War fears surge as US approves $2.2billion in arms sales to Taiwan despite China backlash



THE US State Department has approved the possible sale of arms worth $2.2billion (£1.8billion) to Taiwan despite furious Chinese objections to the deal.

The sale will involve 108 M1A2T Abrams tanks, 250 Stinger missiles and the equipment required to operate them. The Defence Security Cooperation Agency told the Congress on Monday the possible sale would include mounted machine guns, ammunition, Hercules armoured vehicles and heavy equipment transport. The US recognised the Republic of China (ROC), the de facto government of Taiwan, until 1979 when it moved recognition to the People’s Republic of China (PRC), until last year relations between the two were informal and unofficial.

The original Republic of China was proclaimed in 1912, but after defeat in the Chinese Civil War, the Nationalists were forced to flee to Taiwan.

The ROC and PRC both claim to be the sole legitimate government of China.

The former represented China on the United Nations until 1971.

Earlier this year, Chinese President, Xi Jinping told the Taiwanese people to accept they “must and will be” reunited with China.

Taiwanese President Tsai Ing-wen’s Democratic Progressive Party is in the pro-independence camp but Ms Tsai believes the de facto independence that Taipei has meant a formal declaration of independence is unnecessary with it also likely to cross a red line for Beijing.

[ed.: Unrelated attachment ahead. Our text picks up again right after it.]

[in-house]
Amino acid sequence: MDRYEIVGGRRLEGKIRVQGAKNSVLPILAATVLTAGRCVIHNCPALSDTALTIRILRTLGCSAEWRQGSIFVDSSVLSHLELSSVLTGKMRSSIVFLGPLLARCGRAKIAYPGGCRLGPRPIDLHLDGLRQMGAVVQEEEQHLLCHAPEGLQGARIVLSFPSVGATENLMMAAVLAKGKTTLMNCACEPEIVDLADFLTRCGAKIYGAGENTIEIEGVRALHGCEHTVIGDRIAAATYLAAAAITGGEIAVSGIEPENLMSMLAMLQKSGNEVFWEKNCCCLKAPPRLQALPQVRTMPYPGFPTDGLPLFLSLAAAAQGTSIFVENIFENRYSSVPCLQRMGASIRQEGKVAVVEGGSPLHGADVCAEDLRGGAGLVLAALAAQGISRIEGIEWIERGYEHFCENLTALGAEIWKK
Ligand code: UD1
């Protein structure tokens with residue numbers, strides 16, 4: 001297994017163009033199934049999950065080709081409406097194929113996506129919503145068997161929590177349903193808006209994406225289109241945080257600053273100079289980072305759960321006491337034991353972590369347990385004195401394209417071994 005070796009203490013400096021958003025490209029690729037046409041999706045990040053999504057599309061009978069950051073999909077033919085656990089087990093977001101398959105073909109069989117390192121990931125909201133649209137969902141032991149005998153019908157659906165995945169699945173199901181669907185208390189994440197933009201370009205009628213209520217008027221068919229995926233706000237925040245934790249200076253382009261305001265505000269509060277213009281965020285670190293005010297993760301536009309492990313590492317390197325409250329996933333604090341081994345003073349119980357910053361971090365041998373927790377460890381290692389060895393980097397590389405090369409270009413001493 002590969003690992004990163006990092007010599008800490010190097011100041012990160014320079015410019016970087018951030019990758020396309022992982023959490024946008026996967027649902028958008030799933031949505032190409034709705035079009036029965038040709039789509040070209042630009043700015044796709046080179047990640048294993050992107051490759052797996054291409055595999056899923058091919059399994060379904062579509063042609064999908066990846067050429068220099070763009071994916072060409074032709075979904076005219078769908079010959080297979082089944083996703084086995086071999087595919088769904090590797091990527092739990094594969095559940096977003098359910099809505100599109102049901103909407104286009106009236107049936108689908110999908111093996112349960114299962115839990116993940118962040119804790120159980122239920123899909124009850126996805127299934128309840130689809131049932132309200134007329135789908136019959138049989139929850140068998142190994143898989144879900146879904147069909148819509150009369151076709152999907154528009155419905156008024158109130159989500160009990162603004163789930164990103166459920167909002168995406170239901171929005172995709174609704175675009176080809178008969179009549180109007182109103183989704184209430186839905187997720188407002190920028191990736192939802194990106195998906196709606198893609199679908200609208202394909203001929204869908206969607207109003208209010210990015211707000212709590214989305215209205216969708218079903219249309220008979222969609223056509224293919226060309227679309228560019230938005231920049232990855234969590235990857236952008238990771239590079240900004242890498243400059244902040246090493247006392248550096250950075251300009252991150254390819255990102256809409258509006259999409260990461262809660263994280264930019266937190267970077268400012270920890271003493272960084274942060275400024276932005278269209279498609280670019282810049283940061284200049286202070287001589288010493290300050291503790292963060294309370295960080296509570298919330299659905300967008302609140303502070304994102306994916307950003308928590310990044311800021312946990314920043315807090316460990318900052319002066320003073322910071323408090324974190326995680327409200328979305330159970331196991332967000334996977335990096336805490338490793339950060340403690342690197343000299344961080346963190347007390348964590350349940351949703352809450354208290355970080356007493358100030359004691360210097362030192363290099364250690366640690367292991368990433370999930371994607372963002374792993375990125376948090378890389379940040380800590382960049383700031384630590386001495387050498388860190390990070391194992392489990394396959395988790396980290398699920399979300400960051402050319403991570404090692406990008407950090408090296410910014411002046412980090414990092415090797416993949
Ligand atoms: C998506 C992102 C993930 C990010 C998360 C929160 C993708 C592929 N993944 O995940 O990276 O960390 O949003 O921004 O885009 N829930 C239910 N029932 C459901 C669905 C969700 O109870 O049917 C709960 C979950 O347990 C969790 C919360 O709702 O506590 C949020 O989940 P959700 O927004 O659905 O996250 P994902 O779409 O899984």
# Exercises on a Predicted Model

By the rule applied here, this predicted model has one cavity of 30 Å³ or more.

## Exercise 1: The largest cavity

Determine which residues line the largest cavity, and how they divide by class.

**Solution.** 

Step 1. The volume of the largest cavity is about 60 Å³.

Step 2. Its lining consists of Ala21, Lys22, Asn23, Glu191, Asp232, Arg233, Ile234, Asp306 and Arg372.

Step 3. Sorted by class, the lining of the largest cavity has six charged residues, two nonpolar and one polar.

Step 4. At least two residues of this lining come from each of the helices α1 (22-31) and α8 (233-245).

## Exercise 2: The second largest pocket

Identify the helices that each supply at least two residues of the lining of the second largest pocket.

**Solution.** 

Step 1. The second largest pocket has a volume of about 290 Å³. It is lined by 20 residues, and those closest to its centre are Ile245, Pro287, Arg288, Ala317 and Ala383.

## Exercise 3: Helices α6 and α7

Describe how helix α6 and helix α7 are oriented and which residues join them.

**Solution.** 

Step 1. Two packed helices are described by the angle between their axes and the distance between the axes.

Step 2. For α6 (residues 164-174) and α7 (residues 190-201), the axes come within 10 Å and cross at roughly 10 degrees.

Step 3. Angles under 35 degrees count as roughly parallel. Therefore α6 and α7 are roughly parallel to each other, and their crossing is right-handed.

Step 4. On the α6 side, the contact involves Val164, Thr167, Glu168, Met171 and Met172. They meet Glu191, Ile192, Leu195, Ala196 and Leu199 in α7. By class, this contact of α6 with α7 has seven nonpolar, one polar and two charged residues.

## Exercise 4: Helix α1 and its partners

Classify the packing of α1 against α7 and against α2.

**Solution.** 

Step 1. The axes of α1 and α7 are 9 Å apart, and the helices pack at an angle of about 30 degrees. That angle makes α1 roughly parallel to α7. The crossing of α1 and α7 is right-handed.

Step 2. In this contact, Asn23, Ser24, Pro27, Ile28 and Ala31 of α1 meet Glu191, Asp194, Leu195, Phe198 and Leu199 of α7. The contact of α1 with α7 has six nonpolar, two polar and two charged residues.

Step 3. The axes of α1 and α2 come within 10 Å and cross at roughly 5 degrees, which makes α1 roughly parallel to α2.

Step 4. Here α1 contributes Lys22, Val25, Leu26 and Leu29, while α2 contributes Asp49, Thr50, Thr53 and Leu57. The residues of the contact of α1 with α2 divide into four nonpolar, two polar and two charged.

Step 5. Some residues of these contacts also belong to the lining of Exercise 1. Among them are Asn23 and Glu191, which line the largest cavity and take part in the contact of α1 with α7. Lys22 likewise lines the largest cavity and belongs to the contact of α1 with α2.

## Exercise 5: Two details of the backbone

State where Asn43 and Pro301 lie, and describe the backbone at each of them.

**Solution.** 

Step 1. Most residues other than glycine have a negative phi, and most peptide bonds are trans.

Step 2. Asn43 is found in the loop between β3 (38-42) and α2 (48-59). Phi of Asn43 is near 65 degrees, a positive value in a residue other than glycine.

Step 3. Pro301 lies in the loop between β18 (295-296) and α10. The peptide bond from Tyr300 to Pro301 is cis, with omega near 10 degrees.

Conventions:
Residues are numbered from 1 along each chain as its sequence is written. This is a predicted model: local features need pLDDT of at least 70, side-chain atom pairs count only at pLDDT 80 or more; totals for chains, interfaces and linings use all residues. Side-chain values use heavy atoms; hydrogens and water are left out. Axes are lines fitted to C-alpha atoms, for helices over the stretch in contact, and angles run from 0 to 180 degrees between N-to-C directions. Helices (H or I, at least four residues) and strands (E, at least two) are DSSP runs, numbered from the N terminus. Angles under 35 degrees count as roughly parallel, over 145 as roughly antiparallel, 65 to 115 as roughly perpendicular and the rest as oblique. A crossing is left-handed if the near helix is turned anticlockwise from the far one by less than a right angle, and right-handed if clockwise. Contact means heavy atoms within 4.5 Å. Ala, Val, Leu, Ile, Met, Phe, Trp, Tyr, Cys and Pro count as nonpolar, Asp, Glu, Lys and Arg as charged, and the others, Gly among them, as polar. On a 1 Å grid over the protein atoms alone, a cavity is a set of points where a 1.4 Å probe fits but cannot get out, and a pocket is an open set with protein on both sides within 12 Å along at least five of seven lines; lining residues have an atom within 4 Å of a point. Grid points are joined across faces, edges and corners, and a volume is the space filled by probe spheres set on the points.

The ROC is recognised by 16 UN member states and maintains unofficial relations with a further 57 UN members, Britain maintains an office in Taipei and Taiwan has representative offices in London and Edinburgh.

Ms Tsai has said the request for arms from the US has come after increasing pressure from Beijing.

The Ministry of National Defence in Taipei confirmed the process of acquiring weapons was proceeding as expected.

The Taiwan Travel Act of 2018 passed in February last year allows for high-level officials from Washington and Taipei to make visits to the other.

While President Donald Trump was awaiting his official inauguration, he tweeted: “The President of Taiwan CALLED ME today to wish me congratulations on winning the Presidency. Thank you!”

In confirming the call with Ms Tsai took place, then President-elect Mr Trump went against nearly four decades of US Foreign Policy.

China’s Foreign Affairs Minister Wang Yi dismissed the event as a “small trick” and re-affirmed the One China Policy.

This policy holds the view there is only one sovereign state under the name China, despite two using it.